François Héran and Willem Frijhoff Awarded Descartes-Huygens Prize

8 March 2011

François Héran and Willem Frijhoff will receive the Descartes-Huygens Prize on Monday 11 April 2011 for their outstanding research and contribution to Franco-Dutch relations. The prize, EUR 23,000, is intended to cover the cost of a visiting researcher’s residence in the Netherlands and France.

The Royal Netherlands Academy of Arts and Sciences has awarded the Descartes-Huygens Prize every year since 1995.

Robbert Dijkgraaf - Willem Frijhoff - François Héran - Jean-François Blarel

François Héran (born 1953) is one of the foremost social demographers in the world and has written several key publications on international migration and sociology of the family. His publications offer distinct analyses and clear recommendations. Héran is president of the European Association for Population Studies and has played a major role in its current success. He will spend the grant associated with the Descartes-Huygens Prize to cover his residence costs as a visiting researcher at the Netherlands Interdisciplinary Demographic Institute (NIDI-KNAW).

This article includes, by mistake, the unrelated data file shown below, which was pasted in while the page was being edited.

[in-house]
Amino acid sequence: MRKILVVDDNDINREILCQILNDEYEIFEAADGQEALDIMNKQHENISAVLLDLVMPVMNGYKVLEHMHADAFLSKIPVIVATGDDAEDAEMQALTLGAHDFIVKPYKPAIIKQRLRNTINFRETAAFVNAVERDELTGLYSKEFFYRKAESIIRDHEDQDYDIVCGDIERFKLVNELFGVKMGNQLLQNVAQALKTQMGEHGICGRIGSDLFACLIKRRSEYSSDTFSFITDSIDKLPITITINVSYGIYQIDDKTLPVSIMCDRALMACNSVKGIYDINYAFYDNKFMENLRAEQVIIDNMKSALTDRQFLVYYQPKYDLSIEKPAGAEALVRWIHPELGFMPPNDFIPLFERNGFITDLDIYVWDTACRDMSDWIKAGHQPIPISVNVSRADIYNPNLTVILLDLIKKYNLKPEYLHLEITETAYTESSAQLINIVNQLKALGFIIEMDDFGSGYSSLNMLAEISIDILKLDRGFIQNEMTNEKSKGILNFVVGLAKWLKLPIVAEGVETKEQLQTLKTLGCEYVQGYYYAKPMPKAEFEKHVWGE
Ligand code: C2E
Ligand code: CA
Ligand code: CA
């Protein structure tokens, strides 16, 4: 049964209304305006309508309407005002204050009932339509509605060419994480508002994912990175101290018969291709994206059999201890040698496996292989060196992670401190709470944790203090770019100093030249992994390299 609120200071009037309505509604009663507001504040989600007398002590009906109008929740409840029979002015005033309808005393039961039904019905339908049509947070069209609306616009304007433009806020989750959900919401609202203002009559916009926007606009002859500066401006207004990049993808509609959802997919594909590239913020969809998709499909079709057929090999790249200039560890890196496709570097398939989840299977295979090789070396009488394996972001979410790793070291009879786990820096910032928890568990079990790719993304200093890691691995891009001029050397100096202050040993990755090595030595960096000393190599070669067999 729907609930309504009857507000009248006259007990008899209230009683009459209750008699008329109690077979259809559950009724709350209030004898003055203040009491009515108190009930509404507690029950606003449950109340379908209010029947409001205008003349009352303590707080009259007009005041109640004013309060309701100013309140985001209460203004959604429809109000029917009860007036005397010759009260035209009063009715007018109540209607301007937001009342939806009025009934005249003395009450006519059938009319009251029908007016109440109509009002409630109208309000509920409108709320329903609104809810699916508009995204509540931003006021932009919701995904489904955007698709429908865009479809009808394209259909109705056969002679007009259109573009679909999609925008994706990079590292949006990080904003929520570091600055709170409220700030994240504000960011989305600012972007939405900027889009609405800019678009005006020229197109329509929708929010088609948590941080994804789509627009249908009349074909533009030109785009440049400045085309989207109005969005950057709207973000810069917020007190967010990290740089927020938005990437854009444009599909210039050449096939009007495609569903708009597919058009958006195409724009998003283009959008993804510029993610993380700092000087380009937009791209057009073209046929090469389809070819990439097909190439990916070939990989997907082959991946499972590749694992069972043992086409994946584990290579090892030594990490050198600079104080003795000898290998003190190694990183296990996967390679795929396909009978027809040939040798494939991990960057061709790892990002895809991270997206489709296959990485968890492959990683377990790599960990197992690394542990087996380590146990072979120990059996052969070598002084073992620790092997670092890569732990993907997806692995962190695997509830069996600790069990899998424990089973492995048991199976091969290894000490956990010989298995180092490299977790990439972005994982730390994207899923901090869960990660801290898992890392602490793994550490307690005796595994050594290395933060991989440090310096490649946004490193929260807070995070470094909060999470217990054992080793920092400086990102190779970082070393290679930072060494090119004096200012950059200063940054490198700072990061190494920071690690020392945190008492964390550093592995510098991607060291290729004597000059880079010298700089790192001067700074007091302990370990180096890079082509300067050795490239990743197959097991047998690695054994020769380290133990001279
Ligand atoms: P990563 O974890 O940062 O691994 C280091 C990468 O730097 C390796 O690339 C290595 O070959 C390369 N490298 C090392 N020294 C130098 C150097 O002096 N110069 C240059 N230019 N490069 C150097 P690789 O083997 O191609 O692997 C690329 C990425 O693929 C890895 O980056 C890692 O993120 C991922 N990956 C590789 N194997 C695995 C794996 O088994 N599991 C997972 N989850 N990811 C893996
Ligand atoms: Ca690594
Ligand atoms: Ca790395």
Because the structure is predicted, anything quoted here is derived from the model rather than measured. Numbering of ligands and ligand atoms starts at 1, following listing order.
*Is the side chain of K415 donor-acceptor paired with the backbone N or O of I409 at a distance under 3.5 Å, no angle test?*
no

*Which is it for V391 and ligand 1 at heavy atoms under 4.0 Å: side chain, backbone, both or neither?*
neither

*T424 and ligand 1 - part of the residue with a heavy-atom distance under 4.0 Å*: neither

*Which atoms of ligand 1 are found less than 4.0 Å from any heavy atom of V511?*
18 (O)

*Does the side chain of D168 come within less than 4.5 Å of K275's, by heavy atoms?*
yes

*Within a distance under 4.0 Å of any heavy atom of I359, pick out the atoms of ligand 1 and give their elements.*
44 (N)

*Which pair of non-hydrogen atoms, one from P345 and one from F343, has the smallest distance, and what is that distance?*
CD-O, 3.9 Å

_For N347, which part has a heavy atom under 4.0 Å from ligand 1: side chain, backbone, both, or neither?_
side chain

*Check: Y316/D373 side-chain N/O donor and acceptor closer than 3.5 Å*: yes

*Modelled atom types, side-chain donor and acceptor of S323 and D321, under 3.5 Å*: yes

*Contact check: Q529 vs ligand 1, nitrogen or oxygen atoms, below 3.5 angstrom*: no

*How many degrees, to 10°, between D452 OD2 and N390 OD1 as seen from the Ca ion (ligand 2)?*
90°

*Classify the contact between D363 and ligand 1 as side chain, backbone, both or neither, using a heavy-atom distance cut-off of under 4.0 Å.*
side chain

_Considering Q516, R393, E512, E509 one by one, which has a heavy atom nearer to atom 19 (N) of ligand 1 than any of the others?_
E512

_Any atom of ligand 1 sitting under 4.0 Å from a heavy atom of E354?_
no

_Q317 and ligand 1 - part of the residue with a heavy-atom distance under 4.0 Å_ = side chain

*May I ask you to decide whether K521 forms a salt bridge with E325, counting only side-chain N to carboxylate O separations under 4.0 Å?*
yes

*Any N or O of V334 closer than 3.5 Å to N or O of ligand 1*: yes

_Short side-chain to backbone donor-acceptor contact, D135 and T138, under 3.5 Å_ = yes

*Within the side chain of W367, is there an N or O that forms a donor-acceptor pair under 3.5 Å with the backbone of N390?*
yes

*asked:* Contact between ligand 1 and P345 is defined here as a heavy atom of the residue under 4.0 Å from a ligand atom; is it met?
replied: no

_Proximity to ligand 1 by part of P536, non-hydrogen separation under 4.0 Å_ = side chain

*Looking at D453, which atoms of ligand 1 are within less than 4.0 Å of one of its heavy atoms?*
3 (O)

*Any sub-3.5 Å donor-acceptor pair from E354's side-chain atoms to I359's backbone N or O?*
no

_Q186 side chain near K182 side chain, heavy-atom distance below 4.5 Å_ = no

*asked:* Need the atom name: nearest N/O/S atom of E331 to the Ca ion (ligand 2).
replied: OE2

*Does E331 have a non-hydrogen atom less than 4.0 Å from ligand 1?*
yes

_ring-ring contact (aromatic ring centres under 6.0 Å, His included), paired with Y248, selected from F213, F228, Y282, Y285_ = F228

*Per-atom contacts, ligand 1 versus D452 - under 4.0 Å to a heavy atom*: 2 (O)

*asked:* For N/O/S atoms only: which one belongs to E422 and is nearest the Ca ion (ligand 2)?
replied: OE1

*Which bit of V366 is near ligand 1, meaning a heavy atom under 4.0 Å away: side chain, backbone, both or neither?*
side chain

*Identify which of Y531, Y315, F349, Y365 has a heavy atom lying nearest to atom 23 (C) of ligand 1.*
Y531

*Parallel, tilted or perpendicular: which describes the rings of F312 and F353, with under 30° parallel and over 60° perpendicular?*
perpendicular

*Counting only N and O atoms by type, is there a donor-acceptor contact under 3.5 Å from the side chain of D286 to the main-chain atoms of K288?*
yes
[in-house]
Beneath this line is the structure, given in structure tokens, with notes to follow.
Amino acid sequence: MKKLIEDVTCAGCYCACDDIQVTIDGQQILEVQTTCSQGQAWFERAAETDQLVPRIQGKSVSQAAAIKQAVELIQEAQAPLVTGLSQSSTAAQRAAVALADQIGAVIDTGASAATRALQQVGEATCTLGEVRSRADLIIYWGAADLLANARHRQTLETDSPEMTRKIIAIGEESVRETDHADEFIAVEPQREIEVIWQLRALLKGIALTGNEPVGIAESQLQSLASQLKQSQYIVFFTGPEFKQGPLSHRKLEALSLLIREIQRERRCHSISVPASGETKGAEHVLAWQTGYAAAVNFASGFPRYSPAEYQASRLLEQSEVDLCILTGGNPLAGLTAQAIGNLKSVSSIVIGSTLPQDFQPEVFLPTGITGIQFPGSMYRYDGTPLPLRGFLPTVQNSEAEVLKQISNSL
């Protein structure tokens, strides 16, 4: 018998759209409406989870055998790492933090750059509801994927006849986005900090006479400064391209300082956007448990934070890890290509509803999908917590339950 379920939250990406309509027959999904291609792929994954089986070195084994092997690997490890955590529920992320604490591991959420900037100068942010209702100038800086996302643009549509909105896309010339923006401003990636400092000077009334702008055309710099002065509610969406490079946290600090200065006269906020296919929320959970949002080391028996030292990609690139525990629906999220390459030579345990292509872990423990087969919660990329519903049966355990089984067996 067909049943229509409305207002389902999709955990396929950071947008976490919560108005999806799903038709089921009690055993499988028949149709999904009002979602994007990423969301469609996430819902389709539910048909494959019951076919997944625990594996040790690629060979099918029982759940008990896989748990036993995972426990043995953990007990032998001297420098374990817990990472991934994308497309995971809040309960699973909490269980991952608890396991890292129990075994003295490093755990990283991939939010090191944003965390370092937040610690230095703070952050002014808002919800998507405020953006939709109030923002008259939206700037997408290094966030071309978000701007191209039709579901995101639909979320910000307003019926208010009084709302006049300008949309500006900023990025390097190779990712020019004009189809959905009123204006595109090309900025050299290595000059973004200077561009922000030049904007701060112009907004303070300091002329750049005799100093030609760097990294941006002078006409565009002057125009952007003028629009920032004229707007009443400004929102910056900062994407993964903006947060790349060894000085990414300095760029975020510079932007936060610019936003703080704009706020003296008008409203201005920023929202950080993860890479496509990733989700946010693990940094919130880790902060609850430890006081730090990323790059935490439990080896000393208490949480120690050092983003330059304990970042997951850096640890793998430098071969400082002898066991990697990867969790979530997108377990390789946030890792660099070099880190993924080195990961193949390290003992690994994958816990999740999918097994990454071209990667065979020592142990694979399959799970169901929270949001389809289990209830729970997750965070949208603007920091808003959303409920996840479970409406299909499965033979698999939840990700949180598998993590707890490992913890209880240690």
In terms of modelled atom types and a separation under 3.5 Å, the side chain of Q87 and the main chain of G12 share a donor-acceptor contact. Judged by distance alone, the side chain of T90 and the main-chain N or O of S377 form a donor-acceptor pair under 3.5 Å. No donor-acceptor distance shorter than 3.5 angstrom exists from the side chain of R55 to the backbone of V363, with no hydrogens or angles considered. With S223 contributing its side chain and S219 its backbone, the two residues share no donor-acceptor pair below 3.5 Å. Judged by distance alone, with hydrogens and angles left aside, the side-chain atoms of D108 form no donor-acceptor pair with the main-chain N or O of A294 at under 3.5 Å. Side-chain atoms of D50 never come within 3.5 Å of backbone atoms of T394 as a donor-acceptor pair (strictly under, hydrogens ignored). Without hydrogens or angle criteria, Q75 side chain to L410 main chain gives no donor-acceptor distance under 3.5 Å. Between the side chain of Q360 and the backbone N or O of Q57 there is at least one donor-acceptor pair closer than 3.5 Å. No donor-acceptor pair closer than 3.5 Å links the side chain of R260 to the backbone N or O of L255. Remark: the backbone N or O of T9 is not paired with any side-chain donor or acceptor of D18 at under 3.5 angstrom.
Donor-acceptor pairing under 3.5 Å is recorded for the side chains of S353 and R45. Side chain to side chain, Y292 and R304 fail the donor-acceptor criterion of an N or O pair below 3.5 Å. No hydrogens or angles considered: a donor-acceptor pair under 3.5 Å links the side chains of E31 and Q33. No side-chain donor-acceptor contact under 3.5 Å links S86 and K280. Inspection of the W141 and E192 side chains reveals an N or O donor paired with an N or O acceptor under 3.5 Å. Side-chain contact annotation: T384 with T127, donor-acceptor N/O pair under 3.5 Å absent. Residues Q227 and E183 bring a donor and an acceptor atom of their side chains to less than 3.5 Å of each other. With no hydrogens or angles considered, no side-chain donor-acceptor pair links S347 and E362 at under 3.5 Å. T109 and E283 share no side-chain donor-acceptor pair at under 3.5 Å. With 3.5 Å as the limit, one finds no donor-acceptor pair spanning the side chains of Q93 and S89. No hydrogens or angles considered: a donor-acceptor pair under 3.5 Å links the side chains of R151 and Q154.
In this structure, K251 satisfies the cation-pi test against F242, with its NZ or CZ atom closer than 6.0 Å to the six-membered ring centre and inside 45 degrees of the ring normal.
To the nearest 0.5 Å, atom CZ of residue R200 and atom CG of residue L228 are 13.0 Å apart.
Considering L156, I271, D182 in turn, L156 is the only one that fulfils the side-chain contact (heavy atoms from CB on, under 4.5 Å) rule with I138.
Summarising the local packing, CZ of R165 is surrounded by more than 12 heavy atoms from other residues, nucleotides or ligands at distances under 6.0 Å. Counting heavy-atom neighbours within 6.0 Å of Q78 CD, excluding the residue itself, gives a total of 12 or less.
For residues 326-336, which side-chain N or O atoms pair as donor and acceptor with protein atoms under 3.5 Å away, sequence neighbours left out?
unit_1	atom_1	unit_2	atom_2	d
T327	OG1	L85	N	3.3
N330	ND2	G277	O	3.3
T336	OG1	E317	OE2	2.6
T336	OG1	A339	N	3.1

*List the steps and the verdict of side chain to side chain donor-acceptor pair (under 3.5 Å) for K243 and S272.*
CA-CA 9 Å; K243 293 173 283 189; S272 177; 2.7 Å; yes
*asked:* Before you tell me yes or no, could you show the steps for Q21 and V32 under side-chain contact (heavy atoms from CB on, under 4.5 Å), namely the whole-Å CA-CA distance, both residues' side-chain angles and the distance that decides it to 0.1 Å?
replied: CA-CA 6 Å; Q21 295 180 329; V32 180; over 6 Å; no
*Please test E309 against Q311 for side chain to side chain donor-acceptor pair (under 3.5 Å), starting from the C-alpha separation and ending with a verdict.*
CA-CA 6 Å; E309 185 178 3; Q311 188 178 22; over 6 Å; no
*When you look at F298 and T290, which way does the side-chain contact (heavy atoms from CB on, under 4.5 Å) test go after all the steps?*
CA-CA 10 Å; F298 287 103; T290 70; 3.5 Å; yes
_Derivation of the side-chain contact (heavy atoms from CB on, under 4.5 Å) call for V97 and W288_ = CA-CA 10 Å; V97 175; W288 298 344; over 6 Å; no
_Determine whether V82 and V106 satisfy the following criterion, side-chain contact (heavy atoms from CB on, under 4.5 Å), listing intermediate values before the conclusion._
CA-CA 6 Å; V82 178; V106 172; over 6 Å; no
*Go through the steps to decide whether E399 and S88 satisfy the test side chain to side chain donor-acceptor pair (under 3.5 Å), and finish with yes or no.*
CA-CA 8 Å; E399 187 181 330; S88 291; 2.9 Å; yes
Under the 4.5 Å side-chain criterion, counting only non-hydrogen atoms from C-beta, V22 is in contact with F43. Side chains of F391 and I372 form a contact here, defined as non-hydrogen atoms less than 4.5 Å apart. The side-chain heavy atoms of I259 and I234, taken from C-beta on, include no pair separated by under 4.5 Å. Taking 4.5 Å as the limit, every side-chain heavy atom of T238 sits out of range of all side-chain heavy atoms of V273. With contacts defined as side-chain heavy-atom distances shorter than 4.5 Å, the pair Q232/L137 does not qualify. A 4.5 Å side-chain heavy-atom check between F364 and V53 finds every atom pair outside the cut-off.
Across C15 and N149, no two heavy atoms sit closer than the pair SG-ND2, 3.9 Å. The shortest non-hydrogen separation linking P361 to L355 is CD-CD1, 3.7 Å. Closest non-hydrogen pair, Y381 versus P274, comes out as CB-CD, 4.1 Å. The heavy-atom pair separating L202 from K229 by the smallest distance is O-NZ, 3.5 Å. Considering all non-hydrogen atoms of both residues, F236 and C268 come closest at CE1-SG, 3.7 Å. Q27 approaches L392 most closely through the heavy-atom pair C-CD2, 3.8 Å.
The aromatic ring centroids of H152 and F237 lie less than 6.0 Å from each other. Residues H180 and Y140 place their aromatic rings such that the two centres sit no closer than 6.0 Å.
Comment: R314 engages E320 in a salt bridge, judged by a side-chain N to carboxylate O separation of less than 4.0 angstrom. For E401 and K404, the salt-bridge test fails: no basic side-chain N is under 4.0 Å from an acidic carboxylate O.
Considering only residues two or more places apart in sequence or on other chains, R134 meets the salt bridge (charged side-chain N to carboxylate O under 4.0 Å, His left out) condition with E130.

Willem Frijhoff (born 1942) is Professor Emeritus of Early Modern History at VU University Amsterdam. At the end of 2010 he was appointed Erasmus Professor at the Erasmus School of History, Culture and Communication of Erasmus University Rotterdam. Frijhoff’s research focuses on historical processes of cultural transfer, collective memory, forms of religious perception in the early modern area and historical-anthropological themes such as magic, miracles and health. Willem Frijhoff has played a pivotal part in introducing the history of mentalities – in the tradition of the French historical journal Annales – within the Netherlands.

The prize

The prize was established by the French and Dutch governments and is presented to researchers in recognition of their outstanding research work and contribution to Franco-Dutch relations. It is awarded on a rotating basis to researchers in the humanities and social sciences, the natural sciences, and the life sciences. The winners of the 2011 prize are active in the humanities and social sciences. The prize is intended to cover the cost of the winners’ residence as visiting researchers in the Netherlands and France. The Academy selects the French candidate; depending on the discipline in question, either the Académie des sciences or the Académie des sciences morales et politiques selects the Dutch candidate.